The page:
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Nobel Peace Prize Winners Call for Action on Children’s Rights

  • Al Pessin

The Indian and Pakistani winners of this year’s Nobel Peace Prize have called on political and religious leaders to make children’s rights a priority, and to improve the lives of millions of children caught in a cycle of poverty, child labor and lack of education.

The Peace Prize winners told an Oslo news conference that the Nobel Committee’s decision has put a global spotlight on children’s issues.

Seventeen-year-old Malala Yousafzai from Pakistan was nearly killed by the Taliban two years ago for her advocacy for girls’ education. Sixty-year-old Kailash Satyarthi of India founded a charity that frees bonded child laborers and provides them with training and education.

Malala had invited the prime ministers of the two countries to Wednesday’s award ceremony, but they have not responded.

“I would have thought of it as a big opportunity to ask them to have good relationships and to make education together their top priority and work on it together,” she said.

Satyarthi issued a broader appeal.

“I would definitely urge all the religious leaders in the world, and all the religions in the world, that if you really want to worship God and want to see a better world, begin with the children,” he said.

Satyarthi’s charity operates in 144 countries and has rescued thousands of children, many of them in his home country, India. He said Tuesday the Nobel Peace Prize has already brought welcome attention on the plight of poor, uneducated and enslaved children worldwide.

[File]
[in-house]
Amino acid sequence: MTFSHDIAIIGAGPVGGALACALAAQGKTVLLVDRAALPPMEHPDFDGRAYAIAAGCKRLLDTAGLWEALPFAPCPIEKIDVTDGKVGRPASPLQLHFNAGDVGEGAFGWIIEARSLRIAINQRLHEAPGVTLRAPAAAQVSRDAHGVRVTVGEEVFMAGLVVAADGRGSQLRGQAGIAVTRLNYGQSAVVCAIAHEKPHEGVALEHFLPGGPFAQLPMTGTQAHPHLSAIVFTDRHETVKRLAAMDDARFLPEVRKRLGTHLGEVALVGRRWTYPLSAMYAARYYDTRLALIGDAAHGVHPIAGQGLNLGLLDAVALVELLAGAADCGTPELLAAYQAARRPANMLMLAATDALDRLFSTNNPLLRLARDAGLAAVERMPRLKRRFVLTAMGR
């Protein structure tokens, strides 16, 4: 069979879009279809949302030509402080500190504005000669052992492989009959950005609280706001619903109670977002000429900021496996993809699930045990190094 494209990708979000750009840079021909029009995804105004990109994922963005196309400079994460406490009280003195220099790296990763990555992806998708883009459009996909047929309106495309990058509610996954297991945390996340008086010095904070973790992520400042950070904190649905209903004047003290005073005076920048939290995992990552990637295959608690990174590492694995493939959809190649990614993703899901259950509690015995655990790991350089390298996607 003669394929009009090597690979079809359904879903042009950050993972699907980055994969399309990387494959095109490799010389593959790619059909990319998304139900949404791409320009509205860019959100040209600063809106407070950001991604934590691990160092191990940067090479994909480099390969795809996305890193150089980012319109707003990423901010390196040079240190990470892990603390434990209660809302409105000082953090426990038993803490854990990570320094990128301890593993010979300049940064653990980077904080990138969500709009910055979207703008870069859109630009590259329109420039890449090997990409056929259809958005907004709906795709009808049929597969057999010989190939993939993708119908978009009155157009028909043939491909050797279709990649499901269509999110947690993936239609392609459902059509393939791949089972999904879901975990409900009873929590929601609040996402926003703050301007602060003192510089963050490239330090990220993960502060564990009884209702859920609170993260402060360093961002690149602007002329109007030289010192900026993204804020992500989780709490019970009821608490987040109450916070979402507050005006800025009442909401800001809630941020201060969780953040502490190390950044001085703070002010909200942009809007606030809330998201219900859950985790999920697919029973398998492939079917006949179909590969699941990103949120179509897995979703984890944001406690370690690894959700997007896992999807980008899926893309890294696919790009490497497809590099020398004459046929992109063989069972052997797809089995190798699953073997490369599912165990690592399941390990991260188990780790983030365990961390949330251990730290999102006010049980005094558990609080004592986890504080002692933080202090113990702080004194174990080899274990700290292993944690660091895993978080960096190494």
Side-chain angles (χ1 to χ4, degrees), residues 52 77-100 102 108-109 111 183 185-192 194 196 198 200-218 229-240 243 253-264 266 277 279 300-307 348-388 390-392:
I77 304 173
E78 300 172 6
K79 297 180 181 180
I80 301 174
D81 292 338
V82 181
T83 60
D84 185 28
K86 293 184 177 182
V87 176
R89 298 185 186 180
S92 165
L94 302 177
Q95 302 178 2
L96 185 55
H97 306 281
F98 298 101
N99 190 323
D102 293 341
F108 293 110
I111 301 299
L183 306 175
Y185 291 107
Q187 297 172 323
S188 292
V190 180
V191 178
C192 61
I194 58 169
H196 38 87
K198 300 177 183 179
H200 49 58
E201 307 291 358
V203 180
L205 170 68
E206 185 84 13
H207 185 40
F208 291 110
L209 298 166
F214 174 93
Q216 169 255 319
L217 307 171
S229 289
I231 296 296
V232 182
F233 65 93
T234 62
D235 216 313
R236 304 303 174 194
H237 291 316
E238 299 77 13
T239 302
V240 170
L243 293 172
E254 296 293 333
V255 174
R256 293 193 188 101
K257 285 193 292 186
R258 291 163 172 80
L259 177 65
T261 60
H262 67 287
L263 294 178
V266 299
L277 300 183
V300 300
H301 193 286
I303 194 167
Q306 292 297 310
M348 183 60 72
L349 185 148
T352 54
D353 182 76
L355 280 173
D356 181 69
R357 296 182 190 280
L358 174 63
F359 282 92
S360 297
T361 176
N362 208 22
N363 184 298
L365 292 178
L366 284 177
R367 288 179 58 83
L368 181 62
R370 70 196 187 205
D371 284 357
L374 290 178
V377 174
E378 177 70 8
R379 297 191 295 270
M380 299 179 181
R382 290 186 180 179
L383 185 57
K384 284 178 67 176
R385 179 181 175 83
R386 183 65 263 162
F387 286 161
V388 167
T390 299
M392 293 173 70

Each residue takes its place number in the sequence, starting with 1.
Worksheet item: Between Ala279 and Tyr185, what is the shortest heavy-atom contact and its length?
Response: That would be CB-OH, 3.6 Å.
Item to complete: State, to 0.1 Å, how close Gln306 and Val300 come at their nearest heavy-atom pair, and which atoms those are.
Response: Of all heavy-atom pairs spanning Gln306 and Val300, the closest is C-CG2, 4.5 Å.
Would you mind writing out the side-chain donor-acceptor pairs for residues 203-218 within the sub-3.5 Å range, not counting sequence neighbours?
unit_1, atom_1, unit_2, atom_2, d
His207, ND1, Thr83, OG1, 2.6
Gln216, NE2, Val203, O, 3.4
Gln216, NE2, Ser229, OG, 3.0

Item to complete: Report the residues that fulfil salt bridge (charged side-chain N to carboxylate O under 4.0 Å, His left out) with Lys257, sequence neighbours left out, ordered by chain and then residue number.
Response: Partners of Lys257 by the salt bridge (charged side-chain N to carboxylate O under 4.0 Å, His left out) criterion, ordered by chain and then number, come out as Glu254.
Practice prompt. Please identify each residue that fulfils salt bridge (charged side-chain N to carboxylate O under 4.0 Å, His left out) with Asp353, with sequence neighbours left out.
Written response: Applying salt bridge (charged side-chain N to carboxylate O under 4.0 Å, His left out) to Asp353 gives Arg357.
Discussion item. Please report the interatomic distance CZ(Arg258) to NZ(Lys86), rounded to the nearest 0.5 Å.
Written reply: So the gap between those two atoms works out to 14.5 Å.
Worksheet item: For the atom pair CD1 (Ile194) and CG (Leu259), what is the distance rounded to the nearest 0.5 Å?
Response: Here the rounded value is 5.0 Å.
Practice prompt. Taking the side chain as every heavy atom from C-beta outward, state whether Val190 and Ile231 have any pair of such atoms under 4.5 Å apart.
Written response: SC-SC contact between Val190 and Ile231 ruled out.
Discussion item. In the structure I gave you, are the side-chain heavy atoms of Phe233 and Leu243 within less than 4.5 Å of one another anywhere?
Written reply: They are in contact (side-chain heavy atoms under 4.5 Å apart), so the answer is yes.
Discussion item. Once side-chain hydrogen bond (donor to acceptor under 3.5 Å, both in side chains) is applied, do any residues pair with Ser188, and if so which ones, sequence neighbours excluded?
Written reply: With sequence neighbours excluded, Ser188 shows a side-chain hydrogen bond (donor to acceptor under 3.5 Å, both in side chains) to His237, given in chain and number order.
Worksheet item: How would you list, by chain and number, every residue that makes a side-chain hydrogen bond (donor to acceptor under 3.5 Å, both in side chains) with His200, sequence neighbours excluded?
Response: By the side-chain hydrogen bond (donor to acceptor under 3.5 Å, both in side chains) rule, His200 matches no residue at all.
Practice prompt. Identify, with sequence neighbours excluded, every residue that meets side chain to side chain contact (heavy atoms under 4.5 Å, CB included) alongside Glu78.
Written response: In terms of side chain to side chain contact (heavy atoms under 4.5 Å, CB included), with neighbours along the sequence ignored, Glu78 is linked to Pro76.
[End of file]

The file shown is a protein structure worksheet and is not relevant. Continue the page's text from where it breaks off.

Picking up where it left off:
“When we are talking here, and addressing this press conference, millions of children cannot talk in freedom, cannot enjoy the freedom and smile as a child. We have to work for them,” said Satyarthi.

Malala Yousafzai campaigned for girls’ education in northern Pakistan, after the Taliban moved into the area and closed schools. An alleged Taliban militant shot her in the head.

“There are so many countries where children are not asking for any iPad or computer or anything else," she said. "What they are asking for is just a book and just a pen. So why can’t we do that? Why can’t we just give a book and a pen? Why can’t we just give a school to children, which can really change their future, really change their world?”

Malala said people like her attacker, who think Islam forbids educating women, were themselves uneducated.

“In Islam, education is not only a child’s right, but it is their duty. There is a hadith from the Prophet that you should get education, you should get knowledge. It’s not just limited to men,” she said.

Much has been made of the fact that the Nobel Committee gave the Peace Prize to an Indian and a Pakistani, a Hindu and a Muslim. On Tuesday, Satyarthi said he considered Malala his daughter. And Malala said just because India and Pakistan had a border between them, they did’t have to hate each other.